With this said, the Netherlands isn’t on the level of Belgium or France regarding cultural acceptance of comics. I think that the general public of the Netherlands doesn’t realize the potential and power of the medium. However, there is a lot of talent and everyone is approachable. There really aren’t any superstars in the Dutch comic scene, and that makes the entire scene pretty friendly and welcoming.
Cover by Boyane One
AO: Autobio work comes with its own responsibilities. Do you ever have any misgivings about being so open about your life on the comics page?
Funny that you ask this, because I think I could be way more candid than I am. Have I really revealed so much about myself? I’m really not certain that I have. I do have a few rules that I abide by. I don’t write sexually explicit stories; they aren’t really so interesting to me. It seems that Europeans think that stories about the act of sex are the pinnacle of personal revelation but I demur on that. Personally, I’m more interested in what led up to the act rather than the act itself, but that’s just me. Plus, my parents read my comics so I’m not going to write anything that would make them uncomfortable.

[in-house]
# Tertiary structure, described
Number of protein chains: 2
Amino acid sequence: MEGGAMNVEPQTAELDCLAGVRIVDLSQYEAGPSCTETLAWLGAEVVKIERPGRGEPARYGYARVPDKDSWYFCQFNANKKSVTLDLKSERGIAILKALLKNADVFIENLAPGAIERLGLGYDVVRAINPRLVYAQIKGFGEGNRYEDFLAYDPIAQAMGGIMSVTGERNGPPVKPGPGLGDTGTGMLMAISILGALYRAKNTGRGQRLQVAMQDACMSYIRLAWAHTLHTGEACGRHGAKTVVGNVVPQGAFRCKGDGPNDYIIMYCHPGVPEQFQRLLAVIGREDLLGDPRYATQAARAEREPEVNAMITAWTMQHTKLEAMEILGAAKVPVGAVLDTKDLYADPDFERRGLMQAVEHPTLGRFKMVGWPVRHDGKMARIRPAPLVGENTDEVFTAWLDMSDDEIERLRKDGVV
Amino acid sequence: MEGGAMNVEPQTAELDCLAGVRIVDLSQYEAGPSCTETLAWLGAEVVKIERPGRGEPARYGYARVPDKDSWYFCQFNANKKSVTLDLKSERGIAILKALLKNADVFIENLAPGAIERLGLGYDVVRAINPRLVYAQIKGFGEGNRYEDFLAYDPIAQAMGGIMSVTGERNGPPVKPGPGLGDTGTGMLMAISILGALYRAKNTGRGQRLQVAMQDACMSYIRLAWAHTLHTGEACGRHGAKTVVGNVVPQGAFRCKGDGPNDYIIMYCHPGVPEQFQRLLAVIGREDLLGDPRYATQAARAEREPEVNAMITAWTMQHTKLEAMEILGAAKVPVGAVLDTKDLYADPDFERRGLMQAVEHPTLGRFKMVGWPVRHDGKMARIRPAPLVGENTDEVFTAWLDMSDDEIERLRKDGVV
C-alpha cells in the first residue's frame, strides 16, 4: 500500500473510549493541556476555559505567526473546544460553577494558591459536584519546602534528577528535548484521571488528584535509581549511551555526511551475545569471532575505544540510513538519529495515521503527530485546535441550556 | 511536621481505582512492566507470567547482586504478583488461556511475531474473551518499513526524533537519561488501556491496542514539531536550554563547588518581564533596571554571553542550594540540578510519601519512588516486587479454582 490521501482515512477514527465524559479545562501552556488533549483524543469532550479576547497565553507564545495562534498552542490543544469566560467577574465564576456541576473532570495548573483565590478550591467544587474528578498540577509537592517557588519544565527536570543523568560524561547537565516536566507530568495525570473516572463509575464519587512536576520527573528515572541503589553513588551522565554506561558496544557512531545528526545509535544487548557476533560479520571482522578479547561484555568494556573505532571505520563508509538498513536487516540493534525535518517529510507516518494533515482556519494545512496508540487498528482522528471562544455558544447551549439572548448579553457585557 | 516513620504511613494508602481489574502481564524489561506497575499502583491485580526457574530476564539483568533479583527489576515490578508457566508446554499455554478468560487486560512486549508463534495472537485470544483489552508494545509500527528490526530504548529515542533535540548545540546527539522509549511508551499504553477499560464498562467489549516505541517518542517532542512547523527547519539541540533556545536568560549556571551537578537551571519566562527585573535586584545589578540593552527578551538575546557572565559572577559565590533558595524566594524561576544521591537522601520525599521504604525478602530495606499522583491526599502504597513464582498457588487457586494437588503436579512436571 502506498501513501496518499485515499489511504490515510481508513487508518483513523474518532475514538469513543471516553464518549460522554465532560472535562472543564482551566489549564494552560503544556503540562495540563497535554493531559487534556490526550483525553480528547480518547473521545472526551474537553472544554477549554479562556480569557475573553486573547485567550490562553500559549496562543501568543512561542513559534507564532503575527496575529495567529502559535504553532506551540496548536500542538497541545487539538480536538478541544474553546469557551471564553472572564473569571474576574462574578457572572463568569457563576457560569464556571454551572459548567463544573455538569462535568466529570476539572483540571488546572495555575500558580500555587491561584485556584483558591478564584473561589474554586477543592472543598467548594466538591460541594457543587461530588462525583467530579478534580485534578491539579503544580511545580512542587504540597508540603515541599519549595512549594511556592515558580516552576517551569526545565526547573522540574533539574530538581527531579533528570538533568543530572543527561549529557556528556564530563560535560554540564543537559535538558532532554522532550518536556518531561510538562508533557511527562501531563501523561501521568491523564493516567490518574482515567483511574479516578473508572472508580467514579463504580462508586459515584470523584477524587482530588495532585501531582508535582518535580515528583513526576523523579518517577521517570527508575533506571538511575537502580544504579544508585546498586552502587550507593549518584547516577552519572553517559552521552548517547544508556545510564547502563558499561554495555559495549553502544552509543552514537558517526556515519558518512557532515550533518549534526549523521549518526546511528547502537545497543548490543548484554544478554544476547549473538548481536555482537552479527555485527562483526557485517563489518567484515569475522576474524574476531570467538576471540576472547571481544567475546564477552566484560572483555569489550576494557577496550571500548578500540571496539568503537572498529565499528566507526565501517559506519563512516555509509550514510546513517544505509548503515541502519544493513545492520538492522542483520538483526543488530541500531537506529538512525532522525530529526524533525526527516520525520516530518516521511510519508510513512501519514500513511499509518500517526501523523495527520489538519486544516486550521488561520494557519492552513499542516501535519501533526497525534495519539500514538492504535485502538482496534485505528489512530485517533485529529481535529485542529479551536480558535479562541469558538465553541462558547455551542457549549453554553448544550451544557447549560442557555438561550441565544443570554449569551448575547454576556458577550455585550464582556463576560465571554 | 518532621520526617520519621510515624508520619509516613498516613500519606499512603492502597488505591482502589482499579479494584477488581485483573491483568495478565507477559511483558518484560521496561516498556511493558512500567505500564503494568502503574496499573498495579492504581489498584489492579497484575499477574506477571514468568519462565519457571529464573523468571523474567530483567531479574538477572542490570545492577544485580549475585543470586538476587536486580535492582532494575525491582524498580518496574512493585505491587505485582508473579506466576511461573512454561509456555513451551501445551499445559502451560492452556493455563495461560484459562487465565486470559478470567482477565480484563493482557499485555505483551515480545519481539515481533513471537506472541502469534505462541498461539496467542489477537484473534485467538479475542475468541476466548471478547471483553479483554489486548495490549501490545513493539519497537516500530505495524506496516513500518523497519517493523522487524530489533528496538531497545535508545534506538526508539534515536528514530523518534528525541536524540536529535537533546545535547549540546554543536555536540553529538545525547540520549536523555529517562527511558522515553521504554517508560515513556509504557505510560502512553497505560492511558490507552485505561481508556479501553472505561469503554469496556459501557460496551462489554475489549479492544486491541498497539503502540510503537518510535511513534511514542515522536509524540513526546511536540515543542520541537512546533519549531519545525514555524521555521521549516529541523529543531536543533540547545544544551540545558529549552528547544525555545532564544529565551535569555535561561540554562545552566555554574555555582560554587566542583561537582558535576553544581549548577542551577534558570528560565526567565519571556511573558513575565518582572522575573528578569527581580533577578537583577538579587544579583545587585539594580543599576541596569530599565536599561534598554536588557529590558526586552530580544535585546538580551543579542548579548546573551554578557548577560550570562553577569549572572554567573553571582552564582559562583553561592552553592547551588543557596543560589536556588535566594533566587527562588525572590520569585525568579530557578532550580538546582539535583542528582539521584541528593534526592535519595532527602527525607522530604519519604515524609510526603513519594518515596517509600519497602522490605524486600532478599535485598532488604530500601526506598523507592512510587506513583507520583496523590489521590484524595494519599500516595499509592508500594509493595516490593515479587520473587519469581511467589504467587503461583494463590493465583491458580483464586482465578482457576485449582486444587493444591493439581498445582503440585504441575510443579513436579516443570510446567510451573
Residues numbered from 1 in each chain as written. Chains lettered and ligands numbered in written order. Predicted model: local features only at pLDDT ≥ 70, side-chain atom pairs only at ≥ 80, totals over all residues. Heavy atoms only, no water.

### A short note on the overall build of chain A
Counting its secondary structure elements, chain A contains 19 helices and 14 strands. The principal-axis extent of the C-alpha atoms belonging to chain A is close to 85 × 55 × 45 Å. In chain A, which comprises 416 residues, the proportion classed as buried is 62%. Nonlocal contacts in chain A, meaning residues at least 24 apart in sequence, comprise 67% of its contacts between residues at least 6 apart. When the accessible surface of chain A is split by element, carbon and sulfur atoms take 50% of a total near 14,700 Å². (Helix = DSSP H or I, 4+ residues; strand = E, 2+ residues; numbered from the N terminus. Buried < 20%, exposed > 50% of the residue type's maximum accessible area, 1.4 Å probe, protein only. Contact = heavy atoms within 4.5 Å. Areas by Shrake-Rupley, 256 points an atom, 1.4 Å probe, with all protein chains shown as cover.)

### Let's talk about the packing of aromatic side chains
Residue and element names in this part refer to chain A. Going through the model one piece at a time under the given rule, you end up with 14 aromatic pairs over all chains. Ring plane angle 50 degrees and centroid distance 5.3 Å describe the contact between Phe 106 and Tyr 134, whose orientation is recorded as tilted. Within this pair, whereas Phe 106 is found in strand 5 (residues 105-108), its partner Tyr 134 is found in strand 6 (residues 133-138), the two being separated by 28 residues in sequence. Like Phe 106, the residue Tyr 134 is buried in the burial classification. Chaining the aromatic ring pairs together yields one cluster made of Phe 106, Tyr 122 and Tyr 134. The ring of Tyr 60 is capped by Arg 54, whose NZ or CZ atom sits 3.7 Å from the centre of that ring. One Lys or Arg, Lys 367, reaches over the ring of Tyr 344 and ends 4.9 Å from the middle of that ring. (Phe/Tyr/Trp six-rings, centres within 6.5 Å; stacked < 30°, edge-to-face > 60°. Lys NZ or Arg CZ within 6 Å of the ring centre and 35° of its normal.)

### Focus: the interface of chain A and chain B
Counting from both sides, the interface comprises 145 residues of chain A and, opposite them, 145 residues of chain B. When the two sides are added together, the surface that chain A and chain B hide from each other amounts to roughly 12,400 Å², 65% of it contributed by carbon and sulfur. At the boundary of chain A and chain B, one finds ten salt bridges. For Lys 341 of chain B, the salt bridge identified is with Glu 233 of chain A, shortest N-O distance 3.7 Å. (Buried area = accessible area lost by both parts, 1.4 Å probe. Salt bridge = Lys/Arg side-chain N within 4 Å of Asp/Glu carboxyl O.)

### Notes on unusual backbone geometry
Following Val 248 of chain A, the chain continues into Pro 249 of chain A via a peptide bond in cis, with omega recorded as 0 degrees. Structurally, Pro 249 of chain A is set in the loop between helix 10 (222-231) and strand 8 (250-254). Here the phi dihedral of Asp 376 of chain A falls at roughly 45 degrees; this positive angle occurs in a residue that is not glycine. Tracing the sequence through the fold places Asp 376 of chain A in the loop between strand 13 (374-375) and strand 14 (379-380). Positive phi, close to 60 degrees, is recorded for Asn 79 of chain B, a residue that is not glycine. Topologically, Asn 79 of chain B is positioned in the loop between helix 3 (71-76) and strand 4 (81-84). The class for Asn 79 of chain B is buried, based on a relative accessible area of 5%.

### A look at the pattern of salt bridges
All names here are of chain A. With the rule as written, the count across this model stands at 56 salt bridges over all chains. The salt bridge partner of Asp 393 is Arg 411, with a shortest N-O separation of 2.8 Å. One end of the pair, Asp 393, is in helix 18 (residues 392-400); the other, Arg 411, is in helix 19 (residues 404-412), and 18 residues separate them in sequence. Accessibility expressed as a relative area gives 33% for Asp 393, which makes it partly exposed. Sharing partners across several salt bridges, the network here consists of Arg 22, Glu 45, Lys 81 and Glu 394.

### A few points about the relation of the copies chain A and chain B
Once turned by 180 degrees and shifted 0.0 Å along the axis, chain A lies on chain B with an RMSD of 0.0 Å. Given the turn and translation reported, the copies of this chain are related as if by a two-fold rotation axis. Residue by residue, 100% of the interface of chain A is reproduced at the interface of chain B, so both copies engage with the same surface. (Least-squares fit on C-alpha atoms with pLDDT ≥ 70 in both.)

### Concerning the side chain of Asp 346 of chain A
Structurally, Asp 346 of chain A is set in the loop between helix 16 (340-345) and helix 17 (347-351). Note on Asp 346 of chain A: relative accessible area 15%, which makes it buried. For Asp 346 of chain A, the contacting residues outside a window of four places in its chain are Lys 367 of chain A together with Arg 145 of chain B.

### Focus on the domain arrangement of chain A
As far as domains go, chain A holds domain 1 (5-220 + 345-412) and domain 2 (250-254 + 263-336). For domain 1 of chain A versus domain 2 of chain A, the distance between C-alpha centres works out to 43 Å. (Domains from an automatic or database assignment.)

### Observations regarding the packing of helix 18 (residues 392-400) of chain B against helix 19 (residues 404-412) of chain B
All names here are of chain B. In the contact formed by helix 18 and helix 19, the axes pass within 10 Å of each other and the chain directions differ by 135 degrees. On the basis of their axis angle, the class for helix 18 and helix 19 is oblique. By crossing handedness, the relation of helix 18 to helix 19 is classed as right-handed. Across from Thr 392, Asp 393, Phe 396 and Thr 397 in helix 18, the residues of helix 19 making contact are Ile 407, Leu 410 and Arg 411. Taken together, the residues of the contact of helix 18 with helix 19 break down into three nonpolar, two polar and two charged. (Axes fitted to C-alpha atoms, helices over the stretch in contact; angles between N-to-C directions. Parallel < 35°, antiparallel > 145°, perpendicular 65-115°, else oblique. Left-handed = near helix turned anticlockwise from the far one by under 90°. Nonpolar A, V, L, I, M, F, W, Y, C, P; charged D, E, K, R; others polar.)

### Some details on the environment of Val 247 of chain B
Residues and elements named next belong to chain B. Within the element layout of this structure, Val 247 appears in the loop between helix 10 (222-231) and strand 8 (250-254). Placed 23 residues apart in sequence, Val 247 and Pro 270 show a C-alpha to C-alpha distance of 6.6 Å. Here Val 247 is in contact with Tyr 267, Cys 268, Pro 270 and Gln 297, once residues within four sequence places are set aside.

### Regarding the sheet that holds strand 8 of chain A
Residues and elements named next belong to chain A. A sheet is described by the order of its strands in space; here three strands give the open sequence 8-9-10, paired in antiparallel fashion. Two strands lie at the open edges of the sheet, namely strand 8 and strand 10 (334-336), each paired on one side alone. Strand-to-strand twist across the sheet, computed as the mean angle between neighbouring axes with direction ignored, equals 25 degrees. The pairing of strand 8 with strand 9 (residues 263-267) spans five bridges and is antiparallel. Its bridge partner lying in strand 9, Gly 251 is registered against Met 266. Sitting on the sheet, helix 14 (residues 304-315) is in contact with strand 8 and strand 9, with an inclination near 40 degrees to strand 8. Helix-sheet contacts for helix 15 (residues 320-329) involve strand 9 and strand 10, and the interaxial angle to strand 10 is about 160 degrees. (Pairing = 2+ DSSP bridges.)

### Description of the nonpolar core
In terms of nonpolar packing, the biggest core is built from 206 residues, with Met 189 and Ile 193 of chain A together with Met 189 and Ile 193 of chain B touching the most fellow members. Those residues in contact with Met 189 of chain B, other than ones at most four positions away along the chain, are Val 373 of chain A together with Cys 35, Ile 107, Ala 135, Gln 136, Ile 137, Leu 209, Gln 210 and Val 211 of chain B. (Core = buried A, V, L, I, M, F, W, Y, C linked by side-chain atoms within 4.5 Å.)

I wouldn’t put my friends in my comics without their permission, but other than that I think anything is game. I mean, I’m like anyone else in the world. I win, I lose, I’m right, I’m wrong. I do my best to portray myself as fallible and imperfect in my comics. I really do hope that comes across.
AO: One of the things I really appreciate about Chad in Amsterdam is the diversity of artistic styles. How do you go about choosing artists for each strip? Are you consciously matching up styles to subject matter?
BILYEU: I appreciate that. I do my best to give the artists a story that complements their style and I think I do a decent job at it. In an optimal situation I try to meet an artist if I don’t already know them. If we aren’t in the same area I try to call them on the phone and have a conversation with them. I feel that they should be able to see me or, at the very least, hear my voice. This usually helps in the task of drawing me. When speaking with the artist I try to find out what they are into and if there is an intersection of interests from which we can work. I prefer to speak to an artist and then write a script rather than writing a script and looking for an artist, although I have done that as well. Once we find some common ground, I write what they call a “full script” and present a rough layout, get the artist to review it and give feedback and we go from there. It’s a pretty easy process, to be honest.
Covers by Lera Ryazanceva (left) and Dotsy (right)